Women take spotlight at Twelve Tribes celebration
The musical selection was just as flavourful and vibrant as the dishes serves at A Taste of Africa 2, a celebration of Enkutatash, the Ethiopian New Year. The event, hosted by Motherland Promotions of the Twelve Tribes of Israel at Clieveden Road, Kingston, saw the trio of female selectors that consisted of Iset Sankofa, Wave Empress and DJ Yumi Hi-Power.
"If you came here and you didn't feel moved tonight, I was not here," Sankofa told The Gleaner.
In keeping with her name, the disc jockey follows the Sankofa principle, which, in her words instructs "to return and fetch, so that we can move forward - and so we literally never run out of music to play".
In 2014, the disc-jock kicked off Sankofa Sessions at Nanook (Burlington Avenue) and Redbones (Argyle Road) in St Andrew. Though her style is distinctly Afro, there is no present designation which encapsulates the range of musical sounds and styles Sankofa presents. She has come up with her own definition.
"A lot of people look at Africa in a monolithic way because everyone is on to 'afrobeats'. But we've been playing afrobeats for some time now and we're following in the vein of so many. We learn that Africa is not a single image or a single idea. It's not a single story. What it really is - popular African music borrows from so many places. So our tagline is 'electric Afrobeat cultures," Sankofa reasoned.
Currently, Sankofa Sessions take place every Tuesday at Stones Throw Bar on Mannings Hill Road.
CREATING A LEGACY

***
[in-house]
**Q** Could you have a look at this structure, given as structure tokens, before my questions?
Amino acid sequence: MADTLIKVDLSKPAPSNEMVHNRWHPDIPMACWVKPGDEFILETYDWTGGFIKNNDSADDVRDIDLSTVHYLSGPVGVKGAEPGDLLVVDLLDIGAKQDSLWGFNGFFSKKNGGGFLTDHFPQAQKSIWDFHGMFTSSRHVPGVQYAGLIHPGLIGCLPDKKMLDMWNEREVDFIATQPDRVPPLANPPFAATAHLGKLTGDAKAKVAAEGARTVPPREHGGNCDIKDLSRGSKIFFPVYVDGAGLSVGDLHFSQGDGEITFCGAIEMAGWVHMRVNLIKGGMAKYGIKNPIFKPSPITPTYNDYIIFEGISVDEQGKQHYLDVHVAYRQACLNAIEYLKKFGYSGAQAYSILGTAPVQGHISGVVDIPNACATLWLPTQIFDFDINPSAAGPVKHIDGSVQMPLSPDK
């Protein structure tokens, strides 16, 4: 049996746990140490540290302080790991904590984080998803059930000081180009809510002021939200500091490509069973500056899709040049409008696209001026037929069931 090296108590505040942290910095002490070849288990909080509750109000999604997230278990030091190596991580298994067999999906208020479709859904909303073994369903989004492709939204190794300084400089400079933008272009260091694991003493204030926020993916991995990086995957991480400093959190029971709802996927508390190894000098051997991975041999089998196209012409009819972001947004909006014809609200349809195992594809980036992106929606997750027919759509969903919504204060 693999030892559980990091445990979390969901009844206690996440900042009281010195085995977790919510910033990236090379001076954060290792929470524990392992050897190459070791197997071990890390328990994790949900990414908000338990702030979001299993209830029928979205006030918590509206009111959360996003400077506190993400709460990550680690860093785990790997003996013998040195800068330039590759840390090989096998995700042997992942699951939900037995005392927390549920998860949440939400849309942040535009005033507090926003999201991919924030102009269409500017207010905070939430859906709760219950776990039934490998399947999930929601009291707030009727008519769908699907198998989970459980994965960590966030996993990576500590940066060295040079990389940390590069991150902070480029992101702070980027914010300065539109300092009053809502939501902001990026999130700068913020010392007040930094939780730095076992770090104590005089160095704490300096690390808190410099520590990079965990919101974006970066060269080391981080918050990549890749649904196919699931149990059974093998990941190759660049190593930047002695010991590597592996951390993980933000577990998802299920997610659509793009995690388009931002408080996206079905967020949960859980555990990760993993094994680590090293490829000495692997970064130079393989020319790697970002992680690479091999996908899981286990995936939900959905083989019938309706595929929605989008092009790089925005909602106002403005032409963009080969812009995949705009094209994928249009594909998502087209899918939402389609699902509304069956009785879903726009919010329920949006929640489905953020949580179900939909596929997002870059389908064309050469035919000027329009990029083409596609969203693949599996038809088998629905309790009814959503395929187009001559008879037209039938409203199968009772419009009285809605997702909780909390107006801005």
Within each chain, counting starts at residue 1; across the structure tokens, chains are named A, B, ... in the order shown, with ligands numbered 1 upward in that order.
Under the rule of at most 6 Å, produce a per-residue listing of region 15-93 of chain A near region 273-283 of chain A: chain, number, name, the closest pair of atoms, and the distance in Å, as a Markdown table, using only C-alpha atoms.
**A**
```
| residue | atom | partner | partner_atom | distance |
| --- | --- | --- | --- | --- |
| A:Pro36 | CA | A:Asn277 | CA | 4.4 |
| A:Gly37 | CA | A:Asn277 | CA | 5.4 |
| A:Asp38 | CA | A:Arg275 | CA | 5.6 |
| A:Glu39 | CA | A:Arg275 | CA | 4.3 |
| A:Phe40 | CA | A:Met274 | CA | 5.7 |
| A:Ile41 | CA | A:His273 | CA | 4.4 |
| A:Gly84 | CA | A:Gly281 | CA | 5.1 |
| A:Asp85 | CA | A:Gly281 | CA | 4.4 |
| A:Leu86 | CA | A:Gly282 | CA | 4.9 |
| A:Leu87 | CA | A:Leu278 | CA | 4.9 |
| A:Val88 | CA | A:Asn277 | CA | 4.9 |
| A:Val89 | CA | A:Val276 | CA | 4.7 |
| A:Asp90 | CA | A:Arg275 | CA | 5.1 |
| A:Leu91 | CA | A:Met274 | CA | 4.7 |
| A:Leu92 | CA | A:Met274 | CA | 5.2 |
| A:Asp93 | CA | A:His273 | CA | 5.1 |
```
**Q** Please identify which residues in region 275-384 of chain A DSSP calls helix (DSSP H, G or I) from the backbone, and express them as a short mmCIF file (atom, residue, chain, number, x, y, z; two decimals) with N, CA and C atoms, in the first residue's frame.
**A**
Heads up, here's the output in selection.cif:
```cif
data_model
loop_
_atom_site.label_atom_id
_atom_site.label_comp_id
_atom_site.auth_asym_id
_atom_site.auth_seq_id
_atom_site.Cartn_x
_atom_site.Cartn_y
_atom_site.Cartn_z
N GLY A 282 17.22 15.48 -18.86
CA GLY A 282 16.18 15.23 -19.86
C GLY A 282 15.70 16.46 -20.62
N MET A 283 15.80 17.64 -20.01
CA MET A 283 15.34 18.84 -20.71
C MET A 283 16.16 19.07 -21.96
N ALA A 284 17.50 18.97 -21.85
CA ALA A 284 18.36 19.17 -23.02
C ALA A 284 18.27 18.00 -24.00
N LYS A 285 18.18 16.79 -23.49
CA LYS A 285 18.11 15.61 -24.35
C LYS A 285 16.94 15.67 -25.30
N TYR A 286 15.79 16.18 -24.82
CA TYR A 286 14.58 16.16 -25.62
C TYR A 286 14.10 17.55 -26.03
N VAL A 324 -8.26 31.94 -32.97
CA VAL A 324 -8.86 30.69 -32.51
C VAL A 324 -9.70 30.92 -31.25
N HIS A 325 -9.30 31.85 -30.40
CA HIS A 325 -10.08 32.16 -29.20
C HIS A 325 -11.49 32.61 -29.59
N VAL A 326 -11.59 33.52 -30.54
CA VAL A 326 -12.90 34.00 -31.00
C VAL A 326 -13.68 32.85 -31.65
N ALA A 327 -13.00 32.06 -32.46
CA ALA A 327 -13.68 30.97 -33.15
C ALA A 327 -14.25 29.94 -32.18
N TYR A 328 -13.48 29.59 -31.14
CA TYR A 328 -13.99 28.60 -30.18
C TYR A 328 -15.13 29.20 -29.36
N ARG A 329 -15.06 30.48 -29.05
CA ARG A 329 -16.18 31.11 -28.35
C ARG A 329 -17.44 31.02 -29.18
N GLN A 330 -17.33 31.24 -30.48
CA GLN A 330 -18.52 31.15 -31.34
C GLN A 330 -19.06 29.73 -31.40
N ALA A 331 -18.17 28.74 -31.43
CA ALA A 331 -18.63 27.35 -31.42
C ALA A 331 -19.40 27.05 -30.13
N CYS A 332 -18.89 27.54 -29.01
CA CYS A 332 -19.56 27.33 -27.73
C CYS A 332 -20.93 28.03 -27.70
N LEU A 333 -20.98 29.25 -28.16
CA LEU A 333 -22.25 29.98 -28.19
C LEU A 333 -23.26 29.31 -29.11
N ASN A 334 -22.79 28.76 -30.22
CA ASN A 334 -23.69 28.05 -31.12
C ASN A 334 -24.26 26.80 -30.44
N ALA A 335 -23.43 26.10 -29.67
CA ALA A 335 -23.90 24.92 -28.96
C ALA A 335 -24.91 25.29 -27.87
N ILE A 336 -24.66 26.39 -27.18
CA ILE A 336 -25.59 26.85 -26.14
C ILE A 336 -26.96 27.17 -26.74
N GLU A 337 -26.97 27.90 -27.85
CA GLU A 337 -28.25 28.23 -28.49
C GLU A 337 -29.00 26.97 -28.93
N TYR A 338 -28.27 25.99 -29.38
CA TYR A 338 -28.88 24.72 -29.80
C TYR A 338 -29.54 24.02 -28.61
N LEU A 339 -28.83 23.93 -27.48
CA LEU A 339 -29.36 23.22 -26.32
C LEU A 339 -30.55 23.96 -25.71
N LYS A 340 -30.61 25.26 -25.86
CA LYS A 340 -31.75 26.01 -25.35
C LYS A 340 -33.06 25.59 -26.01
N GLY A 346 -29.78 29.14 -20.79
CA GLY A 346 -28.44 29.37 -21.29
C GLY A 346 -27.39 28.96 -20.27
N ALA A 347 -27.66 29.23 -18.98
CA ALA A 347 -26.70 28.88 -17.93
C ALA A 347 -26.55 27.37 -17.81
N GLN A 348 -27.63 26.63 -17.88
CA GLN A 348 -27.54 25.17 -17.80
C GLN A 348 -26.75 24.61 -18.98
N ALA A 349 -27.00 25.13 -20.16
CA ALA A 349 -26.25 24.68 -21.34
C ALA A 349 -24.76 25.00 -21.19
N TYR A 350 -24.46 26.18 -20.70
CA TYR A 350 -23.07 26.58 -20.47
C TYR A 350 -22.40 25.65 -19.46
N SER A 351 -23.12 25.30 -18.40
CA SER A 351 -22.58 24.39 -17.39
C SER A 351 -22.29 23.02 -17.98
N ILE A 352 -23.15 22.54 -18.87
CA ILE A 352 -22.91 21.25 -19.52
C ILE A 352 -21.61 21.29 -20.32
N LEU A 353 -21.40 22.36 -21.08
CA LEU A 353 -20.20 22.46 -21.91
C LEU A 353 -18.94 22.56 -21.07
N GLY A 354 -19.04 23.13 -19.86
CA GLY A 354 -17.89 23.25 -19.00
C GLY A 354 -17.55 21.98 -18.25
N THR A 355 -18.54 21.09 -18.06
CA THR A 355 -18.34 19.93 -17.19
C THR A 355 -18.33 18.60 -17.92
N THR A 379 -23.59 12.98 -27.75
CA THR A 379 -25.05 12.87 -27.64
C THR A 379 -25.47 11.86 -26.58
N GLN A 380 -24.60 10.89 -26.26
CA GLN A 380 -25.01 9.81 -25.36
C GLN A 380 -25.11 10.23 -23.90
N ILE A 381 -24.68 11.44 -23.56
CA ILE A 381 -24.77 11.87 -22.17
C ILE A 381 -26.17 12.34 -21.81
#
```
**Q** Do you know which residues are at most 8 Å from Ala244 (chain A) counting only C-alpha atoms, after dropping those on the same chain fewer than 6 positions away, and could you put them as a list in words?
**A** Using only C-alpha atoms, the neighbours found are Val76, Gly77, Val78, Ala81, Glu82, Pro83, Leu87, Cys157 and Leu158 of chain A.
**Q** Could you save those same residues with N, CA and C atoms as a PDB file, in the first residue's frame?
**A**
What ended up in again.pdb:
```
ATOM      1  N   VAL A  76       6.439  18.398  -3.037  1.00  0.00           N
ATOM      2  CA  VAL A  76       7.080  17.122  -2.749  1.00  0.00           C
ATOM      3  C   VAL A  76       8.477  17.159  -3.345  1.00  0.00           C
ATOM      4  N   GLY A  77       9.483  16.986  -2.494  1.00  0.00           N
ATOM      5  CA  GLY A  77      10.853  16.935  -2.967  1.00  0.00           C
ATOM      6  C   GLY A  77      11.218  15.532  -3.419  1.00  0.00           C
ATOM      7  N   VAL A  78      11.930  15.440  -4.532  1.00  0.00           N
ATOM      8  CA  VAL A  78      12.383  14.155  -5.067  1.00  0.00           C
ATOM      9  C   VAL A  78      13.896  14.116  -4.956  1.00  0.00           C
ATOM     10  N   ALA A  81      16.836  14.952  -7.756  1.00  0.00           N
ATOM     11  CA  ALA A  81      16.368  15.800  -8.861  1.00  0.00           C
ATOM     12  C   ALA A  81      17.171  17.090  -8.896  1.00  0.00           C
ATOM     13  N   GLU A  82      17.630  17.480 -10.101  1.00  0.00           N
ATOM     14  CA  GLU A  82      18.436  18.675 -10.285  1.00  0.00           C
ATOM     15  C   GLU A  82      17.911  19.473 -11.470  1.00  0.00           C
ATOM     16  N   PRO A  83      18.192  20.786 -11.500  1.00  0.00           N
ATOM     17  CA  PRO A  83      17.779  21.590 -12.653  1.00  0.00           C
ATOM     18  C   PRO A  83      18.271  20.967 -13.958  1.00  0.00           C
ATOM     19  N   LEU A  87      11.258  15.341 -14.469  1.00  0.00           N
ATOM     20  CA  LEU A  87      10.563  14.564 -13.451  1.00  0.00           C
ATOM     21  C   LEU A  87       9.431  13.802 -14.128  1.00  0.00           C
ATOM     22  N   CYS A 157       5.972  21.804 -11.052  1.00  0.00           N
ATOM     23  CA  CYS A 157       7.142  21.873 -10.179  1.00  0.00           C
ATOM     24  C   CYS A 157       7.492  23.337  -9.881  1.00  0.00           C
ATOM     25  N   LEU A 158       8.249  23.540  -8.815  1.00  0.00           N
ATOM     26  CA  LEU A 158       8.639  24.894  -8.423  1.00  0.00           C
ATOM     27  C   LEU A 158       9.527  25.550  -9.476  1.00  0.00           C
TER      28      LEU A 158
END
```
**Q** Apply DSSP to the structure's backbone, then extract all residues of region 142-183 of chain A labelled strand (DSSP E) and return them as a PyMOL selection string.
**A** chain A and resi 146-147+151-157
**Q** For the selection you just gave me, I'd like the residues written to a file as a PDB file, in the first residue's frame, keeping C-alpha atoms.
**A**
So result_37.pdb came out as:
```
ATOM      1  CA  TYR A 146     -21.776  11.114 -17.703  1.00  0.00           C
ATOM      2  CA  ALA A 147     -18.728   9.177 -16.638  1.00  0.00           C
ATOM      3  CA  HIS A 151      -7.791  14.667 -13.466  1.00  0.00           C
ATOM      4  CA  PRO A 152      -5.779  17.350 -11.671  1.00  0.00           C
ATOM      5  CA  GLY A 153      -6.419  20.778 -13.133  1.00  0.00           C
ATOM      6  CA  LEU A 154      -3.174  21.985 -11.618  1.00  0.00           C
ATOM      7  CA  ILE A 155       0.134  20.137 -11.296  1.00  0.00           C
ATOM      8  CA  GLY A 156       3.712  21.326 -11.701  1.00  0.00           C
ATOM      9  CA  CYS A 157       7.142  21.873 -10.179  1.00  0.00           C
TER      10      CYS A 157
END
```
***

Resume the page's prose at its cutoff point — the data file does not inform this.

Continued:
"It's a different theme every week, every Tuesday. And we say 54 kingdoms considered. We don't want to get bottled in. We like to say the past, the present, the remix. The future is a remix of the past and the present. That encompasses Sankofa principles. My vision is to not just create a niche for myself, but a legacy too," she said.
Wave Empress, another of the disc jockeys who entertained at A Taste of Africa 2, has set out to challenge the idea that roots music is boring.
"When I select roots music, I want people to leave with a good vibe, to be filled with resonance and to hear and feel how special roots reggae music is," she told The Gleaner.
Along with singjay and selector Sister Carol and DJ Marshmello, Japan-native DJ Yumi Hi-Power came armed with an arsenal of vinyl records. As the dinner guests moved back and forth between the tables and buffet lines, Yumi's decades-old selection warbled through the speakers - accented by the distinct light pops, fizzles and crackles signature to analog discs on turntables.
She is also one of four subject's of Kaneal Gayle's documentary, Dancehall's Asian Ambassadors, which will premiere at the Caribbean Tales Film Festival in Canada on September 19.